Shay Lab is interested in the relationships between aging and cancer and have focused on the role of the telomeres and telomerase in these processes.
The ultimate aim of the Shiloh Lab is to contribute to the development of vaccines and treatments for Mycobacterium tuberculosis (Mtb).
Our primary goal in Sieber Lab is to understand the dynamic changes in metabolic programs that support developmental and disease progression.
We aim to globally understand how the physical and chemical properties of materials affect interactions with biological systems in the context of improving therapies.
The Sinnett Lab develops and assesses gene therapies for rare neurodevelopmental disorders.
Our work examines the interface between cancer and developmental biology
Smith Lab strives to develop enabling tools for organic synthesis, allowing bioactive molecules of great complexity to be prepared in a concise and sustainable fashion.
Our lab aim is to discover and translate findings into diagnostic and therapeutic solutions for patients with allergy.
The Sorrell laboratory utilizes integrative approaches that include metabolomics, transcriptomics, organoid cultures, live microcopy, and animal models, to investigate fundamental pathways that control the uptake of nutrients and the biosynthesis of macromolecules in proliferative cells.
Our laboratory is interested in investigating the molecular mechanisms of selenoproteins in health and disease.
The Story Lab has a robust research portfolio that includes radiation-induced carcinogenesis associated with the unique environment of space, molecular markers of carcinogenic risk after radiation, intrinsic radiosensitivity, modulation of drug and radiation response by pentaazamacrocyclic ring compounds with dismutase activity, high-dose per fraction radiotherapy, charged particle radiotherapy, the mechanism(s) of action of Tumor Treating Fields, and the enhancement of cancer therapy through radiation and drug combination used concomitantly with Tumor Treating Fields.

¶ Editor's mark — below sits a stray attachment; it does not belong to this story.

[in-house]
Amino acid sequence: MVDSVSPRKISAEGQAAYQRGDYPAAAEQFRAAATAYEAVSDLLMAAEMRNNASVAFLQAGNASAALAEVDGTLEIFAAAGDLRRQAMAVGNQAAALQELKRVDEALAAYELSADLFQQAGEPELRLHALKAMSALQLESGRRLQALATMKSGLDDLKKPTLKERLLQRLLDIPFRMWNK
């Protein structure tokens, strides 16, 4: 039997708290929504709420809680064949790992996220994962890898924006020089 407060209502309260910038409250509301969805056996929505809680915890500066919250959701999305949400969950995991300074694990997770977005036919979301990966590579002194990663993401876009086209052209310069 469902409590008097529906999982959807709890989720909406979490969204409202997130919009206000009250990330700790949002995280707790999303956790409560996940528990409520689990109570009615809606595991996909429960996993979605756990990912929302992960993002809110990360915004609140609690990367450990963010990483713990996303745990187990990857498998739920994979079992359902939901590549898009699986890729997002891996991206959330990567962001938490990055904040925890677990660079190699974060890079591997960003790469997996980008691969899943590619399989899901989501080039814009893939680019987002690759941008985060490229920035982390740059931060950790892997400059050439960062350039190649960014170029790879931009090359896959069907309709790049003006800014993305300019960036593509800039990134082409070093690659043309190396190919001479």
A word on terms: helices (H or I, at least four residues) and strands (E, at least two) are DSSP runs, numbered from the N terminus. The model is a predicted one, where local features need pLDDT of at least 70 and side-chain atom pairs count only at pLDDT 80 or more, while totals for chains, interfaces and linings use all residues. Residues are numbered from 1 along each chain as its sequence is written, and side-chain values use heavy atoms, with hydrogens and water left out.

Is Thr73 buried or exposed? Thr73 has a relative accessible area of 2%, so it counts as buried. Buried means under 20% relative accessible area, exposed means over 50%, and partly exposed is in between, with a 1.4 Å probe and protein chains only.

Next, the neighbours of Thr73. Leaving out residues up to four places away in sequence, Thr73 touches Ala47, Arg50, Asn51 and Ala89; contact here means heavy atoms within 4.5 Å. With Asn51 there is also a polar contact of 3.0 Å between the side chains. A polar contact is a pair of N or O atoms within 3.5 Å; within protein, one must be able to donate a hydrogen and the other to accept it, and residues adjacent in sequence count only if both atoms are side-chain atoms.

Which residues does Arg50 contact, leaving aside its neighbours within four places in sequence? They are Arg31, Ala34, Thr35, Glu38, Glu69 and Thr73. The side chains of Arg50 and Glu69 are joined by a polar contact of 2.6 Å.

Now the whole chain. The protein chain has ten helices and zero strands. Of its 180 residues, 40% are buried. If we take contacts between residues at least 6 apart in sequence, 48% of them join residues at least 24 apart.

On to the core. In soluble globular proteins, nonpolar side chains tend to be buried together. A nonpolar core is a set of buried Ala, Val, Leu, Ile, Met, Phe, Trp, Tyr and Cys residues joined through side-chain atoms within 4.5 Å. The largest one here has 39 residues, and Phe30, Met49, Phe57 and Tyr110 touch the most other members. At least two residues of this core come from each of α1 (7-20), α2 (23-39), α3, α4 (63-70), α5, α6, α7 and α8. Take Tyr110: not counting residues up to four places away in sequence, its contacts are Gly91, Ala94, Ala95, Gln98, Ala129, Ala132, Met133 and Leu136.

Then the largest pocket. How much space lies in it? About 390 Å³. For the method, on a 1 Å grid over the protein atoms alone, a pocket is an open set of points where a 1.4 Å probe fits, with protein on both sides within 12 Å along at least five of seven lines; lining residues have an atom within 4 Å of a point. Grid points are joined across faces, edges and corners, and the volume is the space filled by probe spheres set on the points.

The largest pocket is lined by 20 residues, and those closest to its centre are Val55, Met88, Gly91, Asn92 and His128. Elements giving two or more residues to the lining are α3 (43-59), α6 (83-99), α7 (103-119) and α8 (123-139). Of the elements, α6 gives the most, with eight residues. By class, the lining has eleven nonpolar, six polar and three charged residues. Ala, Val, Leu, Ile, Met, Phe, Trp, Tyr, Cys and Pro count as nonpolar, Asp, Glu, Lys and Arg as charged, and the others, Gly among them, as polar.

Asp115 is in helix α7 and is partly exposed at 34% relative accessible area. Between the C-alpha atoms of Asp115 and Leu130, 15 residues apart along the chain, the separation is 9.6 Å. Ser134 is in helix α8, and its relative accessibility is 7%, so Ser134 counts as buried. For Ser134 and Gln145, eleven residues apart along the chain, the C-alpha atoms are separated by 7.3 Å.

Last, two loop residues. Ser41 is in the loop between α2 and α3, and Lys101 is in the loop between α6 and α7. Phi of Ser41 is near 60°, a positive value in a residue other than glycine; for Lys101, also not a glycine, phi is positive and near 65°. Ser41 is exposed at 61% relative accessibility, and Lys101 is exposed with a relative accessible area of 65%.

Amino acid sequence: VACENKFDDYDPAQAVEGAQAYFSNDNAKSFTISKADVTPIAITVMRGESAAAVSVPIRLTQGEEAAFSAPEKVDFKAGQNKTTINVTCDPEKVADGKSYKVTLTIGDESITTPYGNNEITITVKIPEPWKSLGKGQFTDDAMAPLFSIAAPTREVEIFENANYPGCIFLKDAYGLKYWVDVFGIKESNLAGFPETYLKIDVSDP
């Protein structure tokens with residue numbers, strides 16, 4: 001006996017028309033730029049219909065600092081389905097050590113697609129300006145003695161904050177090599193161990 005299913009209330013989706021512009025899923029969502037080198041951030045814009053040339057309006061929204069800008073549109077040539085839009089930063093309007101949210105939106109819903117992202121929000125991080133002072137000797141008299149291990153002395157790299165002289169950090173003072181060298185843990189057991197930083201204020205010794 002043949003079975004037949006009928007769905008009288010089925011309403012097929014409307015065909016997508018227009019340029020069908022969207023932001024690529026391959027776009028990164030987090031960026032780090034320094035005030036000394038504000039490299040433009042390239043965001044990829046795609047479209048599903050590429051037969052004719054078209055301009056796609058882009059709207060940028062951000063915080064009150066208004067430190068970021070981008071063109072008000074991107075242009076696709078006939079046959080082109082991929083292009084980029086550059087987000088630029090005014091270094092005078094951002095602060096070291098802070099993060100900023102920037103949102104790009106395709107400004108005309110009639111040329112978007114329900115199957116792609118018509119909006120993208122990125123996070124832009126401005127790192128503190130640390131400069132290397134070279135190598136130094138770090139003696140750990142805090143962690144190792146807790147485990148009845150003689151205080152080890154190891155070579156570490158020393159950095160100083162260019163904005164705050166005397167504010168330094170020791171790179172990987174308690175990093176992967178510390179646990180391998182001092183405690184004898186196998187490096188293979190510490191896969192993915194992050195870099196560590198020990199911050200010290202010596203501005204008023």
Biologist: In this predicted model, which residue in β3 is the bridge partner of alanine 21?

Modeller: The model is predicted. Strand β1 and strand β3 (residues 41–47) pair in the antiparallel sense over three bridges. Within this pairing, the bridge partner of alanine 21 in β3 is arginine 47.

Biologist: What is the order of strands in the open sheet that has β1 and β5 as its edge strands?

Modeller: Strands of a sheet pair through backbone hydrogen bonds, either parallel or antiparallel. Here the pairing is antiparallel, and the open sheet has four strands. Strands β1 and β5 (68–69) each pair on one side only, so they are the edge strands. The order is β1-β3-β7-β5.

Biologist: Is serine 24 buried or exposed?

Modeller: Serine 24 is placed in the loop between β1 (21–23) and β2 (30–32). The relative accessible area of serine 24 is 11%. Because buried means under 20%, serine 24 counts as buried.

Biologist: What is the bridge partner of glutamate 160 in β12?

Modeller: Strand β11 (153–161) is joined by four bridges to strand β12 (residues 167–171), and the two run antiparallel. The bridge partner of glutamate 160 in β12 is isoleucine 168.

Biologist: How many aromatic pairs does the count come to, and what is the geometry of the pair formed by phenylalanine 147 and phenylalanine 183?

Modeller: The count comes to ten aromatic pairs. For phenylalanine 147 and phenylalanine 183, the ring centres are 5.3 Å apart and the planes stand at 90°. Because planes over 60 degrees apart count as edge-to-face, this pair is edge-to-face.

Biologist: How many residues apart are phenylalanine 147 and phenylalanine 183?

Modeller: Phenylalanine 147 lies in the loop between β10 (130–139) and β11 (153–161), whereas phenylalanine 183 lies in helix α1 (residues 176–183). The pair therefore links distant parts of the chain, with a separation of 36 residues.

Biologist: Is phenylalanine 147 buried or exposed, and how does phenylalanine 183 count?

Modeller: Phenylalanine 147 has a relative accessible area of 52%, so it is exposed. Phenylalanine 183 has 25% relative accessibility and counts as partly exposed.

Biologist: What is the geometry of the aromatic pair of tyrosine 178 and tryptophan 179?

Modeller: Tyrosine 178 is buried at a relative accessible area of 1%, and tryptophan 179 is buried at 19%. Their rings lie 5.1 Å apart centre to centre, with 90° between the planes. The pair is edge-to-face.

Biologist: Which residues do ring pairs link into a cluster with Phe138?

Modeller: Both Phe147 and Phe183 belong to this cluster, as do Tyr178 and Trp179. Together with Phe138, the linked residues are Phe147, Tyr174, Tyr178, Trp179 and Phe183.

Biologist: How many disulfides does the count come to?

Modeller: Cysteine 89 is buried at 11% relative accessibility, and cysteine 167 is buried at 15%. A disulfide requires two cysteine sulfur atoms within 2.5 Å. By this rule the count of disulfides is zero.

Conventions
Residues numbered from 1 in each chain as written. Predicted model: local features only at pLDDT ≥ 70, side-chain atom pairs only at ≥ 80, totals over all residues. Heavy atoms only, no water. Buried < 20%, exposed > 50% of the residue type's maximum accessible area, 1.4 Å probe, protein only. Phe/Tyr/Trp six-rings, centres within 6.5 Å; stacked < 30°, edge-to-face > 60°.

The Stowe Lab conducts both bench and clinical research with the goal of deepening the understanding of the etiology of stroke as well as finding better therapies for those who have suffered a stroke.
The main goals of the Strand Lab are to create accurate cellular atlases of the human and mouse lower urinary tract, characterize the molecular and cellular alterations in human lower urinary tract disease, and design new mouse models.
We investigate epigenome regulation of nervous system development and homeostasis. We are particularly interested in understanding how disruption of these mechanisms lead to neurological disorders.
The UTSW Structural Biology Laboratory (SBL) was formed to add macromolecular crystallography to the scientific toolkit available to the general researcher.
The vision of the lab is to further understand the pathogenesis of autoimmunity of the central nervous system through basic science and translational research.
Sumber Lab conducts translational research that seeks to uncover the mysteries of cancer and develop powerful methods for its detection and cure.
The Sun Lab studies the most numerous cells in the brain, called “glial cells”.
The Sun Lab is focused on developing novel imaging probes for noninvasive assessment of specific biomarkers implicated in disease initiation, progression, or regression, and exploring the translational roles of imaging probes and/or methodologies in clinical medicine practice with the ultimate goal to improve the outcome of patient care.
Our lab's focus is to develop novel tools aimed at understanding ion channel physiology and molecular mechanism in an isolated membrane environment.